News blog by Beth Jensen.
Published on the Stanford Institute for Human-Centered Artificial Intelligence website.
The arts have a major role to play in the fairness of our technological future.
When Instagram CEO Adam Mosseri watched an episode of the Netflix show “Black Mirror,” depicting a dystopic world where all are rated by their social network, he was concerned enough to experiment with pulling “likes” from his popular social app.
That, says Michele Elam, is merely one example of the ongoing, beneficial relationship between the arts and artificial intelligence.
“I’m sure Mosseri had read white papers describing the risks and unexpected impact of ‘likes,’ yet it was the dramatization of the idea through an artistic medium that apparently prompted him to rethink the practice,” Elam says.
But Elam, the William Robertson Coe Professor in the Humanities and associate director for the Stanford Institute for Human-Centered Artificial Intelligence (HAI), says art is not simply the conscience of tech. “In truth, they are more often mutually informing and holding each other to account,” she says.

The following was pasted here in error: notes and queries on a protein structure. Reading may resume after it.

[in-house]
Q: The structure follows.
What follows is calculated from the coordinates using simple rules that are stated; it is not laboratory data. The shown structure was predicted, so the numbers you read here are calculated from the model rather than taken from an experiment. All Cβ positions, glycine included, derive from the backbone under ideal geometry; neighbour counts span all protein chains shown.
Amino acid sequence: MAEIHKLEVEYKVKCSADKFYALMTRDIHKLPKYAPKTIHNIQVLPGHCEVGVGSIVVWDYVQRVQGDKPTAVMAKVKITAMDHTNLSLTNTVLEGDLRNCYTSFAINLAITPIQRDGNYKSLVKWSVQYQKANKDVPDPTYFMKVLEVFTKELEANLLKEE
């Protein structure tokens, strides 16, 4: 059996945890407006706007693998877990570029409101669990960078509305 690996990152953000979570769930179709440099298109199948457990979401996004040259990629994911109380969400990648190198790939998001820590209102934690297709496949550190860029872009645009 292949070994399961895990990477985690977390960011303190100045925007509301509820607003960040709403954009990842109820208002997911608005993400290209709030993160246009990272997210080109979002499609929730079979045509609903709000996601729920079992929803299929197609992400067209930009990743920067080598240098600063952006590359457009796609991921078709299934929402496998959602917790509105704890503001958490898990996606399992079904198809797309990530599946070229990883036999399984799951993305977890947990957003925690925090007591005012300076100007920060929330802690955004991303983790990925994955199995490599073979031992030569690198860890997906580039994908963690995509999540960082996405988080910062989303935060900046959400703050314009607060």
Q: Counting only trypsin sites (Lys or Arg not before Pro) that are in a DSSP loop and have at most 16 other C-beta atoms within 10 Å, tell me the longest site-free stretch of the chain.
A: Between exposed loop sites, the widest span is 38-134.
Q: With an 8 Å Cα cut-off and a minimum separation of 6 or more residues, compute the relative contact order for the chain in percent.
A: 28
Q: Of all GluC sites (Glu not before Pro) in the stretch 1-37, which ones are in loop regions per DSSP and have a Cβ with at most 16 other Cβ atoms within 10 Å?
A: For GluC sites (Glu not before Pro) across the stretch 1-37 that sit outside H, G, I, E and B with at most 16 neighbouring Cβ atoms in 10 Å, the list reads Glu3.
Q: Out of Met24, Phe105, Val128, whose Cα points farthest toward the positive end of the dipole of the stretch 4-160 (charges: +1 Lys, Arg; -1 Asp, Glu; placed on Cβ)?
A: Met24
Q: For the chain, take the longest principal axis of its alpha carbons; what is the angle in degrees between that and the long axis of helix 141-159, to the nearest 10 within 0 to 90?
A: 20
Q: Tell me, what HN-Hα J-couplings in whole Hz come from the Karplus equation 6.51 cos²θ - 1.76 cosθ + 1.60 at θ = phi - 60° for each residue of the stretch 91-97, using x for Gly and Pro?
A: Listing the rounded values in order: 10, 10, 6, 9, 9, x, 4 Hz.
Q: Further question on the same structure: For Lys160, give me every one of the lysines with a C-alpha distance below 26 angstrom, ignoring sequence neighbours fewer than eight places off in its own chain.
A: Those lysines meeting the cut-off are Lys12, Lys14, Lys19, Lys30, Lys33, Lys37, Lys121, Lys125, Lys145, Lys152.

Elam has developed a new visiting artist program at the Institute for Human-Centered Artificial Intelligence and will be teaching a new undergraduate course, ART + AI, in Spring 2021 that will explore the intersection of art and AI. Here she explores the value of this relationship. [ . . . ]